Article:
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History and art connect in the study of material culture. Material culture records human intrusion in the environment. It is the way we imagine a distinction between nature and culture, and then rebuild nature to our desire, shaping, reshaping, and arranging things during life. We live in material culture, depend upon it, take it for granted, and realise through it our gra ...more
Hardcover, 416 pages
Published December 1st 1999 by Indiana University Press
(first published 1999)
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Folklorist and ethnographer Henry H. Glassie’s Material Culture (1999) pulls together thought and work developed over the course of the author’s career. Favoring straightforward expression over theoretical gymnastics, Glassie bemoans the loss of 1960s-style academic activism noting that the trend is to “refine theory past any empirical need, displaying academic virtuosity, while the world fades from attention” (76). He defines material culture as the “tangible yield of human conduct” and suggest ...more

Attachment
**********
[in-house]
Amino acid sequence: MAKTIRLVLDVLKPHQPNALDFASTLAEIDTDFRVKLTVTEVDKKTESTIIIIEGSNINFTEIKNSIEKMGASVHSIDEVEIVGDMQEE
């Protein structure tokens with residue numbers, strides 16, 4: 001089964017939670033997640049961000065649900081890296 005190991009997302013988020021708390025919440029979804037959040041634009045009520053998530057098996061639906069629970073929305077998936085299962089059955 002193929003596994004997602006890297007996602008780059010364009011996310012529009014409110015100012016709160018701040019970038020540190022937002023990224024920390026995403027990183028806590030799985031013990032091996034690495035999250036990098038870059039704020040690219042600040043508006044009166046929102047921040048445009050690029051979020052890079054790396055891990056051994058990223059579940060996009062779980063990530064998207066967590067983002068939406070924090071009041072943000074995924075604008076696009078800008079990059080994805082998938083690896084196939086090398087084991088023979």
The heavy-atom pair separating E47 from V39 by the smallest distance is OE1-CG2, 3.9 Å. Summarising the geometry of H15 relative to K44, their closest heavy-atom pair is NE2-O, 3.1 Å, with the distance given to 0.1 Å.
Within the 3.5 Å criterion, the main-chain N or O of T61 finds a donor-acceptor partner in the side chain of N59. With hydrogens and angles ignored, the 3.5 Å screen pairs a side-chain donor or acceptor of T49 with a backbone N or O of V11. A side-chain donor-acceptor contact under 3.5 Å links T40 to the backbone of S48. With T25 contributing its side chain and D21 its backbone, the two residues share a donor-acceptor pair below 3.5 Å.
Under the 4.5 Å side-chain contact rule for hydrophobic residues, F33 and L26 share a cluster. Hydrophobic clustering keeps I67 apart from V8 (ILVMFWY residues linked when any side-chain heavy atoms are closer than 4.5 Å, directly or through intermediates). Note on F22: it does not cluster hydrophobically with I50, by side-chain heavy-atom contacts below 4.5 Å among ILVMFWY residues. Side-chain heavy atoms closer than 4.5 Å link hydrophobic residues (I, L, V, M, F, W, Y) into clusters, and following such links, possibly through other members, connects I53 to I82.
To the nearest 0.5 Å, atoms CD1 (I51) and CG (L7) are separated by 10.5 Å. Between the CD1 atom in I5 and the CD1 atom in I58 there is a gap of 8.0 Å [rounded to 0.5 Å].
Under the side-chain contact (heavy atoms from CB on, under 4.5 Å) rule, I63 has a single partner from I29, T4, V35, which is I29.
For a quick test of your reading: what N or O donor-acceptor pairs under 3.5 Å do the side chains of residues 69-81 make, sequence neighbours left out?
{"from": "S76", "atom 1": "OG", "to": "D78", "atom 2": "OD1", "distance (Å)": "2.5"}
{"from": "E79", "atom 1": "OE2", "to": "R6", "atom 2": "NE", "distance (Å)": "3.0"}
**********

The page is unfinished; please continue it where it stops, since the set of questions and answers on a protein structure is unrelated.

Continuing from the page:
In this ethnographic examination of how material objects function in cultural contexts, Glassie argues that the meaning of material culture has been lost to the late 20th century’s preoccupation with theory and the critical reformulation of academic paradigms. Glassie advocated for a trans-disciplinary approach, which focuses on interconnectedness rather than disciplinary and theoretical fragmentation, with a returned attention to the ways in which ideas are manifest in materiality.
Glassie has a wonderful eye and raises the vernacular world of material culture for thoughtful study and inquiry. The book is a classic for folks in many, many fields but--best yet--it is accessible to anyone. (For many of us, this book is a great way to try to explain to our families just what it is that we hope to do.)